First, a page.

Every time I start a sweater, I go through a process of swatching and knitting to get the  size and shape to fit.  Since this sweater is knit with thin alpaca yarn on number 2 needles, there’s more rows of knitting per piece. 

As usual, I made significant modifications to the Knitty Thermal pattern. In reality, the initial pattern may only be considered inspiration. Among my modifications are:

  1. Knitted the back and front of the sweater in two parts rather than one piece on circular needles. I did this to get more shaping than the original design. It helps that  I don’t mind sewing sweaters together.
  2. Changed the pattern stitch since I  followed the instructions for circular knitting when knitting the garment flat. I like the way that the stitch has the little ridges that long underwear has.
  3. Made  decreases and increases for side shaping to enhance the pattern rather than rely on the give in the knitted material. (I tracked the rows to ensure that it’s consistent on the front and back of the garment.)  

Since I am concerned that the sweater may not be wide enough, I am adding two stitch repeats to the front of the garment. I’ve done this before and it can be a good way to adjust the size of the garment in process. Given the choice, I prefer to make the front slightly larger than the back.  For this pattern, it should work well with the scoop neck.


Swatching religon – Do you have it?

 

Thermal Swatch - 100% Alpaca from Silk City Fibers

Thermal Swatch - 100% Alpaca from Silk City Fibers

Many knitters hate swatching since it delays the joy of starting your new project, especially if you’re a knitter who always gets gauge and are using the yarn specified in the pattern.

A swatch is practice for your main garment to ensure that your knitting will yield the sme results as those outlined in the pattern. It involves knitting a 4 inch by 4 inch square to check that you get the same number of stitches per inch. If you get less stitches, your knitting is looser and you need to use a smaller needle and if you get more stitches you need to use a larger needle.

You should look at the resulting fabric. Just because you get the same gauge doesn’t mean that it is the correct gauge for that yarn. For example, the swatch may be to gauge but produce an airy material. Then you need to use a smaller needle and do some math to adjust the pattern. Further, the sample should be washed to check whether the material changes in terms of size which can further delay the main event.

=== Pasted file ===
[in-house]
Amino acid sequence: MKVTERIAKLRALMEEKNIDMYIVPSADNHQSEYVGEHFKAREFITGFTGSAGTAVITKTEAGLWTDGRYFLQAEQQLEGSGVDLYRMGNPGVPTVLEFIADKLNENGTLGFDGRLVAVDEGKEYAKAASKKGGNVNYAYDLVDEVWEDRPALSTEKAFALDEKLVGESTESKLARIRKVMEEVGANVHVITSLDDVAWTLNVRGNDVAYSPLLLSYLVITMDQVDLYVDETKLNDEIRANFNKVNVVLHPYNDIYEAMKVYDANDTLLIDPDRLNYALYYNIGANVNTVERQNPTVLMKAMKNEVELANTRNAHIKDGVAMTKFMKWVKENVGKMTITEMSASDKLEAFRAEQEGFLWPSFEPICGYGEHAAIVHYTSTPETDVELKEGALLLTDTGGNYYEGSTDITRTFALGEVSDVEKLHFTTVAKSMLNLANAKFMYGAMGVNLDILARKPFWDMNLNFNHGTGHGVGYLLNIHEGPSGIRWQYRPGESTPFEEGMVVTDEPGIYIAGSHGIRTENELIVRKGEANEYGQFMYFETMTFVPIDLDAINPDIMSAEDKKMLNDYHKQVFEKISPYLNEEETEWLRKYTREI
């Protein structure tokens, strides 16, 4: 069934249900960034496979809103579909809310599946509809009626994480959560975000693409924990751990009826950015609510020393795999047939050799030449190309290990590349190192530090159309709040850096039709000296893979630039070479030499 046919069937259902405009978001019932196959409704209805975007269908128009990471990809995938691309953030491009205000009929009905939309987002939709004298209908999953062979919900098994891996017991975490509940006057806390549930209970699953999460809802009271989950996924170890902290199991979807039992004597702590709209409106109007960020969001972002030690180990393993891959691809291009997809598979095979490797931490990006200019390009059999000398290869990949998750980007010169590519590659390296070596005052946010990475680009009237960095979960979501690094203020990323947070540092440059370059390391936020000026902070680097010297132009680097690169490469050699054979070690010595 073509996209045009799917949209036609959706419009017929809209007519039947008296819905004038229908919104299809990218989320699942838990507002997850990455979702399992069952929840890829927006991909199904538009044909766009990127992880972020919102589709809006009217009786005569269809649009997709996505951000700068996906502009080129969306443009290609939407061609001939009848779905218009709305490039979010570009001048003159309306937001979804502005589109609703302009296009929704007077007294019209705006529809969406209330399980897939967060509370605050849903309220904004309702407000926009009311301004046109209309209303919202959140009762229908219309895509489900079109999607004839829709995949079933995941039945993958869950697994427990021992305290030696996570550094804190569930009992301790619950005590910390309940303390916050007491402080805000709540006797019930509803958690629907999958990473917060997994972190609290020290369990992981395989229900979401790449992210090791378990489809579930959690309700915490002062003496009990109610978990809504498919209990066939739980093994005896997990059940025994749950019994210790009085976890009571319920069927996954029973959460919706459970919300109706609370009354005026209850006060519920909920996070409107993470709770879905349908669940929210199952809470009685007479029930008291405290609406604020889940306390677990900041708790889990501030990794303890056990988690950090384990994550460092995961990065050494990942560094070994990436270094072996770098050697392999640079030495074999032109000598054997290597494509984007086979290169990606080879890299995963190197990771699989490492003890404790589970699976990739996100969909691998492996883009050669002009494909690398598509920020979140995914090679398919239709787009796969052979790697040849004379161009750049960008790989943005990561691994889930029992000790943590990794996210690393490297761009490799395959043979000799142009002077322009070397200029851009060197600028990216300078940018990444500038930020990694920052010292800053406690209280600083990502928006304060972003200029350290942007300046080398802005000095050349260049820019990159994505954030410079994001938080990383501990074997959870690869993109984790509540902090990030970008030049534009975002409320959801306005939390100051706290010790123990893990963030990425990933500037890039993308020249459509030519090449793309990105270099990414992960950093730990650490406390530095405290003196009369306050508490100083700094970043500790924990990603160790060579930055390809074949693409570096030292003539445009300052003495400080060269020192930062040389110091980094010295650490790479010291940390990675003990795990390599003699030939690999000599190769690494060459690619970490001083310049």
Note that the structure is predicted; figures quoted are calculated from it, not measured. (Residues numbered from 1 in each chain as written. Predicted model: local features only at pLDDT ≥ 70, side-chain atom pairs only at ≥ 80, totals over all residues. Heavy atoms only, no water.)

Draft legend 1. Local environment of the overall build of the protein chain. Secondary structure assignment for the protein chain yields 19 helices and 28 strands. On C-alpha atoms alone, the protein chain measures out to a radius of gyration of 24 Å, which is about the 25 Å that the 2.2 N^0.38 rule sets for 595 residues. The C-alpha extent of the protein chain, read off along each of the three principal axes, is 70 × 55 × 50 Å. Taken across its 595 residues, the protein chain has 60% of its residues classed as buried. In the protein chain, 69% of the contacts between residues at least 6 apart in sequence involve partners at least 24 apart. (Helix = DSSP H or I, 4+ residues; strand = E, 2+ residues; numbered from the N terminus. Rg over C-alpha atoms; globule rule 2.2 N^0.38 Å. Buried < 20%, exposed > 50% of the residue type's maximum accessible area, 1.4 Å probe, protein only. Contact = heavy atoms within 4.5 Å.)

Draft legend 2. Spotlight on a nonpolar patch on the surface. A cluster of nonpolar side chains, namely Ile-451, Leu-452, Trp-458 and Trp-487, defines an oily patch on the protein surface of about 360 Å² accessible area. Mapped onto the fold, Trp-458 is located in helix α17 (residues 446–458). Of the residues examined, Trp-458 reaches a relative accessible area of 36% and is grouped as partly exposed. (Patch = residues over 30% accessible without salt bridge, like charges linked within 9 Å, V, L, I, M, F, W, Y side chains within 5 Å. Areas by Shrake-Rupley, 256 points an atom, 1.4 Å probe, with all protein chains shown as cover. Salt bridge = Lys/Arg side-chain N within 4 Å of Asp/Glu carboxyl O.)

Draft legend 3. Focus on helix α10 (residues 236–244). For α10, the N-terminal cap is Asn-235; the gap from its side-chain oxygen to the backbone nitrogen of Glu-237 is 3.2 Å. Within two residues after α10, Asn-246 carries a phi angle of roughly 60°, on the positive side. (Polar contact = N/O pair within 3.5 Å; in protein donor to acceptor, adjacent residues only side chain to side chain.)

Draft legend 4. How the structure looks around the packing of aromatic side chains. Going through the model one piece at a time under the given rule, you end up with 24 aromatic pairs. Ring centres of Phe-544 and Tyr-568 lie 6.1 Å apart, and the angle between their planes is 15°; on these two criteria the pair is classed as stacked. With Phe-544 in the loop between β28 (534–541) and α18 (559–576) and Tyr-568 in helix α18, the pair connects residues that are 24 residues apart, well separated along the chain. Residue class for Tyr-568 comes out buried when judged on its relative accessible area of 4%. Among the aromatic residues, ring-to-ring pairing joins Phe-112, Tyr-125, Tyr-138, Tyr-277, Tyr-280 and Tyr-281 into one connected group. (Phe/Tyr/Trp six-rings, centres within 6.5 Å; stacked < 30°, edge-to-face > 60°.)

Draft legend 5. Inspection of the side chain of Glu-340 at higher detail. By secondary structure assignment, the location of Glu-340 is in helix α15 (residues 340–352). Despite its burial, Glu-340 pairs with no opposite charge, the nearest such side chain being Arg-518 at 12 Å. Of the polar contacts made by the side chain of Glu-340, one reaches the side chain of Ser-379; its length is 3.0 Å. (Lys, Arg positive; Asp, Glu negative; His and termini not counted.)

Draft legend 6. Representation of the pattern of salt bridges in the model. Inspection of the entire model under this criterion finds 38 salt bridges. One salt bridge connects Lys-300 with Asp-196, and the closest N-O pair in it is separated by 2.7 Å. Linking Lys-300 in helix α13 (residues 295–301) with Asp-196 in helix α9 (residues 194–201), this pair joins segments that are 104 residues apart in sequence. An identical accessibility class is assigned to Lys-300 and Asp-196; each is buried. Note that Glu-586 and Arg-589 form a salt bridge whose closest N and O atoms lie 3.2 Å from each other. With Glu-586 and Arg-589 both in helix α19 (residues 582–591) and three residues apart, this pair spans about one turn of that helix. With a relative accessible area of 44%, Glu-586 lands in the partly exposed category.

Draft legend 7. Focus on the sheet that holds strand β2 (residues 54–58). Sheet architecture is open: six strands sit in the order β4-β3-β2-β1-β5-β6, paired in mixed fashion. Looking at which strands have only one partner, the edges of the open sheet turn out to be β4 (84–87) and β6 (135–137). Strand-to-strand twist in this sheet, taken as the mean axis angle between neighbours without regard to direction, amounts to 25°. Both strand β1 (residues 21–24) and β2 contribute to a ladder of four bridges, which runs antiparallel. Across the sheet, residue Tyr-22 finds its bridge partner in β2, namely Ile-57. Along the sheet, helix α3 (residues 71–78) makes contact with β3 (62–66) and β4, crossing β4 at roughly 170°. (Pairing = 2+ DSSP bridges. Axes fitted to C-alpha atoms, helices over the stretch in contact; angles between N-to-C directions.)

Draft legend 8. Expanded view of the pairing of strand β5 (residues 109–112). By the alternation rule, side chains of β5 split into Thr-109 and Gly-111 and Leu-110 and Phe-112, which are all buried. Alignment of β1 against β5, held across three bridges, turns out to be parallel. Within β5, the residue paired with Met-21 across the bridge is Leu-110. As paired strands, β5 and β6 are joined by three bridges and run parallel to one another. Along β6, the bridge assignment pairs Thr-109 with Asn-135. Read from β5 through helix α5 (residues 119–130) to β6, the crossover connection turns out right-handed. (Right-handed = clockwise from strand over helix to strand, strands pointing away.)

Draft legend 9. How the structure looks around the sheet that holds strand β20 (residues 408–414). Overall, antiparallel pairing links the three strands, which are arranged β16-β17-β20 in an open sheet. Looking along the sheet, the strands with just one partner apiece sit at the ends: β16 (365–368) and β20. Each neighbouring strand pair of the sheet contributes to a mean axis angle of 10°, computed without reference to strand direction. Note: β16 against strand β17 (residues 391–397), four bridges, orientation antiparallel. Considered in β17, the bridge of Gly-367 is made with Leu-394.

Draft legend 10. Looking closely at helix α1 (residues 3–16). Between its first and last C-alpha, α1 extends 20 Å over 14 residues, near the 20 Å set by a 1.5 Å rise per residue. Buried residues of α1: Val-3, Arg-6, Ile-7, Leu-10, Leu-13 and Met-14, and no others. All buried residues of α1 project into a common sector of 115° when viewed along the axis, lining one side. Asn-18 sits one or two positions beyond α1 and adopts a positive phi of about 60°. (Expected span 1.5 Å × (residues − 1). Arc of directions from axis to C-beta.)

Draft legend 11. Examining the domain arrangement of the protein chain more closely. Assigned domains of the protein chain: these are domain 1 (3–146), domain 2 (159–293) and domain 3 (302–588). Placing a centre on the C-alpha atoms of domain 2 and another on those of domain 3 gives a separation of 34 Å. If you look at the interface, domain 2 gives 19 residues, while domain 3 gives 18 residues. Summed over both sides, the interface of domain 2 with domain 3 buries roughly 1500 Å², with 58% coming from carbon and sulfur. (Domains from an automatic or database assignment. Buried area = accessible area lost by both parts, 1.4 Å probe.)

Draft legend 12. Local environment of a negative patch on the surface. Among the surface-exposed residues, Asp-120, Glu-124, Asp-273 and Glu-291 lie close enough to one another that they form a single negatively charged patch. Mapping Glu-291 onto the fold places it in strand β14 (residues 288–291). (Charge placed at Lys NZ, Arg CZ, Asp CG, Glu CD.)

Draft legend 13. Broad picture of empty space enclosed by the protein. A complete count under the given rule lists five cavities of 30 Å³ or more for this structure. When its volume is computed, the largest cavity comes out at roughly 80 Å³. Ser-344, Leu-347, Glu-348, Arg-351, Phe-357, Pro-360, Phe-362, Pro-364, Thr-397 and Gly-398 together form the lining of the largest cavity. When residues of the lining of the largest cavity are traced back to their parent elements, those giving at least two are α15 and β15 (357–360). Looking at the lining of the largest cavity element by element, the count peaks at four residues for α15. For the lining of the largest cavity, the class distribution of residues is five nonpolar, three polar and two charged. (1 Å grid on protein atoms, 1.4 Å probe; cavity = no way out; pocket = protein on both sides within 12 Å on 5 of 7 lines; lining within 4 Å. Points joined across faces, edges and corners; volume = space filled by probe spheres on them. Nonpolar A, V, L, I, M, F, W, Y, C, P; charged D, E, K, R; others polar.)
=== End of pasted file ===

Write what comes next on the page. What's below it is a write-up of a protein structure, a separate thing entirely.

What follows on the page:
Over time, I have learned that swatching is necessary and I always make a swatch and wash it by hand. I use this piece of material to make my adjustments to a pattern. For my adaptation of the Thermal pattern, I knitted a swatch that made sense for the yarn and washed it (See above photo.)

The thinner than I remembered 100% alpaca soften and has a slight haze to it. When I measured it, it was on target for gauge, 7 stitches per inch. That said, when I started knitting the back of the sweater, I found that it more like 6 stitches to the inch due to the difference in the way I knit a larger piece. As a result, I have had to redo the math and my cast on several times.

I got frustrated at first but then I calmed down and remembered that this happens to me almost every time I start a sweater.

 

What is your experience swatching?

 

Submitted by Knitted Yarns Editor-in-Chief

Silk City Fibers Year End Sale Visit

As readers of this blog know, I am a big fan of the Warehouse Sales at Silk City Fibers in Paterson, NJ.  As a manufacturer and wholesale, Silk City Fibers’ doesn’t regualarly sell directly to consumers. On the second Saturday of the month, they open their doors from 9.00am to 1.00pm to consumers.

Silk City Fibers in Paterson, NJ

Silk City Fibers in Paterson, NJ

The yarns offered vary from sale to sale.  The yarns are on cones which may be a deterent to some knitters. Also, since the yarns are used in manufacture, many of them are relatively fine for the hand knitter but can be very useful for machine knitters and weavers. One way for hand knitters to overcome the issue of the fineness of the fibers is to wind several threads together. I have used multiple strands of yarns that would otherwise be too thin to make wonderful knitted projects. 

In addition to their five rooms of wares, there are often boxes of mill ends up front. For me, these are often a treasure trove of unual yarns. While there may not be enough to make a full sweater or other project, they’re great for scarves and other small projects.